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Tacos and Nazis

Dec 22, 2023
Reading time 3 min.

Getting from tacos to Nazis was easier than I thought. I didn't have to look too hard for that connection. It found me.

Tucson has over 1200 restaurants. Half of them serve tacos, many of which are food trucks scattered around the city. Having spent several winters in Tucson, my partner and I had ample opportunity to sample the fare offered by many of those trucks. We definitely found our favorites. Not surprisingly, they tend to be located at strategic intersections that coordinate with our daily activity of biking or hiking.

We completed a strenuous six-mile hike at Saguaro East National Park. We were hot, dirty, and starving. The drive back to our house passes through the intersection of Speedway and Houghton. And yes, one of our favorite food trucks is located at that intersection. It has amazing tacos and Sonoran hotdogs.

In all the times we have stopped at that food truck, I have never seen another person selling anything. This time, there was a man with a pickup truck loaded with newly cut firewood. The truck was cobbled together, made with the body parts of several unrelated trucks. The man was middle-aged and somewhat disheveled. We had a very brief exchange. I acknowledged the effort that must have gone into cutting all that wood. The man reflexively asked if I was interested in purchasing any and added that he was trying to earn some money for Christmas gifts. Explaining that I had no fireplace and was not interested in the wood.

In that brief exchange, I felt a connection. I helped that man be seen and acknowledged for his work and effort. For me, validation as a human being is important. I want to know that my efforts are seen and acknowledged.

My partner and I were sitting in the shade, finishing our lunch. We were there for at least 30 minutes. During that time, no cars stopped to purchase any of the firewood. I couldn't help but notice that man struggling to locate and place a small handwritten sign advertising the wood. Having some experience in marketing, I felt compelled to offer some simple advice about where to place the sign. I suggested two more prominent signs mounted on the lamppost near the intersection so cars in both directions could see them.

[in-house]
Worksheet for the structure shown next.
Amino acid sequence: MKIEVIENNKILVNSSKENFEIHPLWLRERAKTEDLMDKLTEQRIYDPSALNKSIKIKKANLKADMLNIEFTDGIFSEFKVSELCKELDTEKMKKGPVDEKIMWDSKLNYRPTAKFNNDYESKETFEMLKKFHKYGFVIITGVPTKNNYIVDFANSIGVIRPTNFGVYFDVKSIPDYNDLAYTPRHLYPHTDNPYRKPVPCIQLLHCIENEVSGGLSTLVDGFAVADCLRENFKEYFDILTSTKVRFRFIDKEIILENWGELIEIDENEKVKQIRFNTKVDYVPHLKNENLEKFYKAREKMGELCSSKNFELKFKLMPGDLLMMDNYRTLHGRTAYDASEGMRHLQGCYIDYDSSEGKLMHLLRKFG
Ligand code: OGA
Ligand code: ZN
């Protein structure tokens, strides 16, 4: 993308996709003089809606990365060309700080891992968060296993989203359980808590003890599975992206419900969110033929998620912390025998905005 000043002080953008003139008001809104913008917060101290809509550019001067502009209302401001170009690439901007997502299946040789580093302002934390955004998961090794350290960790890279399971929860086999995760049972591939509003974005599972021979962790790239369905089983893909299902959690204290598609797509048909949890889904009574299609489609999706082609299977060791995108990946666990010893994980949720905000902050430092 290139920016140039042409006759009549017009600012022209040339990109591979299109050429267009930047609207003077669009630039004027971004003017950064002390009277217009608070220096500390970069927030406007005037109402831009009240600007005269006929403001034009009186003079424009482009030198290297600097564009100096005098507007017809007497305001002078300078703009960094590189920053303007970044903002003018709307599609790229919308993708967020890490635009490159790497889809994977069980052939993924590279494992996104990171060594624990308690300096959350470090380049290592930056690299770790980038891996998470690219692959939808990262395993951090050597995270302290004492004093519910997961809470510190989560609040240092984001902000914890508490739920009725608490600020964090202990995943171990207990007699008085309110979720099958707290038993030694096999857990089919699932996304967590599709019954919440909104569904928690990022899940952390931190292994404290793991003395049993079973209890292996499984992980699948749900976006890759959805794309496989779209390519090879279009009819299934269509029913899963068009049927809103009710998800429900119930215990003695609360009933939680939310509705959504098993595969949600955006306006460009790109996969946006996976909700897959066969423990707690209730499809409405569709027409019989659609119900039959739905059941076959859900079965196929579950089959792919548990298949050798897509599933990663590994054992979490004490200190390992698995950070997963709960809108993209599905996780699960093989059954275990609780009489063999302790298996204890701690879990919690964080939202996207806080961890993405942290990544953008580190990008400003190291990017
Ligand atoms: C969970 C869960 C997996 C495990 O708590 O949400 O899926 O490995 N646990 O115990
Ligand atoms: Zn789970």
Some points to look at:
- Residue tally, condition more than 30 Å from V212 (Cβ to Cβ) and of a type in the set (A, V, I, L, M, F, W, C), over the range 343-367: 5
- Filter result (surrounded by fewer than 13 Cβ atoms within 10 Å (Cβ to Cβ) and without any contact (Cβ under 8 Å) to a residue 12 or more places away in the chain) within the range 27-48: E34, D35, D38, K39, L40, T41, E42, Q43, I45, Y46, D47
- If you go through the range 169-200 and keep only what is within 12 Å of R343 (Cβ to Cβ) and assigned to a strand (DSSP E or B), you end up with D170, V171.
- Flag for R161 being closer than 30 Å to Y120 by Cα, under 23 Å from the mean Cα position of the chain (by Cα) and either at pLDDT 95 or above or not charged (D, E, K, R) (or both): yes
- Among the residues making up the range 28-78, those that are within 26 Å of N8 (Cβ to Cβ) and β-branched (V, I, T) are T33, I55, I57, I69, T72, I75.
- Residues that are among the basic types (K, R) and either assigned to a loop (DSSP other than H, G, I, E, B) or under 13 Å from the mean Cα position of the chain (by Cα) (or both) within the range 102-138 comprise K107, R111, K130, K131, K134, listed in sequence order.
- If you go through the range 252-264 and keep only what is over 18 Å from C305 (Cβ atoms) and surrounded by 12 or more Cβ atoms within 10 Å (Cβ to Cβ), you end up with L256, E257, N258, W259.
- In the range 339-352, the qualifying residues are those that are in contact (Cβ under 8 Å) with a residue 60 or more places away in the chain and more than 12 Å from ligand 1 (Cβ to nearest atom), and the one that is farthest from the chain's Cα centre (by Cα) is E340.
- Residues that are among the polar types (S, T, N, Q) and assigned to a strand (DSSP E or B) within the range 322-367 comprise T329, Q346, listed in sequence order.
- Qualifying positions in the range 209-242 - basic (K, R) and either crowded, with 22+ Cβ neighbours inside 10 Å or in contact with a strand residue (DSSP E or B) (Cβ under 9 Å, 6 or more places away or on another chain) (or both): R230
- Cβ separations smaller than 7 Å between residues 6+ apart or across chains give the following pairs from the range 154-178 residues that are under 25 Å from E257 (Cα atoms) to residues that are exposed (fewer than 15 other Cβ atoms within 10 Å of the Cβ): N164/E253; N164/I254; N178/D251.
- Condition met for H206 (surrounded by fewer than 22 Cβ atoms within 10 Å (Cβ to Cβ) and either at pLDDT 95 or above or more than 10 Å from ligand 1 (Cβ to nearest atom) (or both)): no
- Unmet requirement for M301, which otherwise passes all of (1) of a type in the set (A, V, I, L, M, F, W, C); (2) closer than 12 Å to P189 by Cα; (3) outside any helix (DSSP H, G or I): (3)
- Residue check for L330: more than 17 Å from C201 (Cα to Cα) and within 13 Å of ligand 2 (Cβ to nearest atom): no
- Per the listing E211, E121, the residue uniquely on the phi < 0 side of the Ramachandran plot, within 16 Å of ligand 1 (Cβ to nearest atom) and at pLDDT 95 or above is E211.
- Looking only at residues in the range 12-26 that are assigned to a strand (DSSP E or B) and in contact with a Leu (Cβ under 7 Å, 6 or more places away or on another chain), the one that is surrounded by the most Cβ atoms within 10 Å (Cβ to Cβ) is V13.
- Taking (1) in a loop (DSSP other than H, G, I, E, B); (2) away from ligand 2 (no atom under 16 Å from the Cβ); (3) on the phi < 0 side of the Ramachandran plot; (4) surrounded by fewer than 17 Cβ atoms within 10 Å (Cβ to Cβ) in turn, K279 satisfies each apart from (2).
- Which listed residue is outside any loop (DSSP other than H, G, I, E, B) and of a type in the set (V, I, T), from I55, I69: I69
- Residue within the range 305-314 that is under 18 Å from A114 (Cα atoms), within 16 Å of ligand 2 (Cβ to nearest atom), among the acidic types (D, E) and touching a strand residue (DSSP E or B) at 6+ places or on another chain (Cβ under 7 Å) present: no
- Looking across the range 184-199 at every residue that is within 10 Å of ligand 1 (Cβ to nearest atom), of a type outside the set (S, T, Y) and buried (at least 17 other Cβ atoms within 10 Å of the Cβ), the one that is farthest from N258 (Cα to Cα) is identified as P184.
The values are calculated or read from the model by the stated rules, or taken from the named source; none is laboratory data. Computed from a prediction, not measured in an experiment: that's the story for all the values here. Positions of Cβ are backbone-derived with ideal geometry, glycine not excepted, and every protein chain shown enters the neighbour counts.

He thanked me for my suggestion and immediately dropped into a lecture about how I should vote Republican because all Democrats are Nazis. In an instant, we went from two humans sharing a common connection to a hate-filled tirade. It's incredible how fast a brain can process information, especially when it perceives danger. In my very triggered mind, what I wanted to say was, "I lost half my family to the Nazis, and my father was wounded fighting them. You have no fucking idea about what you are talking about". I could also feel how saying that would only fuel that person's hatred, confusion, and lack of self-awareness. I put my hand up to shield myself and told him he had just squandered an opportunity for connection.

I was firmly entrenched in a "WTF" moment. I am left amazed and bewildered as to where that behavior arises from. Why wasn't it enough to appreciate the connection between two people? To me, that is not the behavior of a sane being.

I have written many times about living my life with a clear mind and an open heart. I left that interaction feeling the need to protect myself and my partner from the unhealed projections of other people's minds and unsettled behavior. Maybe more now than ever, I aspire to live an impeccable life based on my integrity and accountability. Most importantly, I need to live a life based on kindness, compassion, and understanding.

Amidst the chaos and uncertainty of life, I remain open to Grace and the gift of my life.

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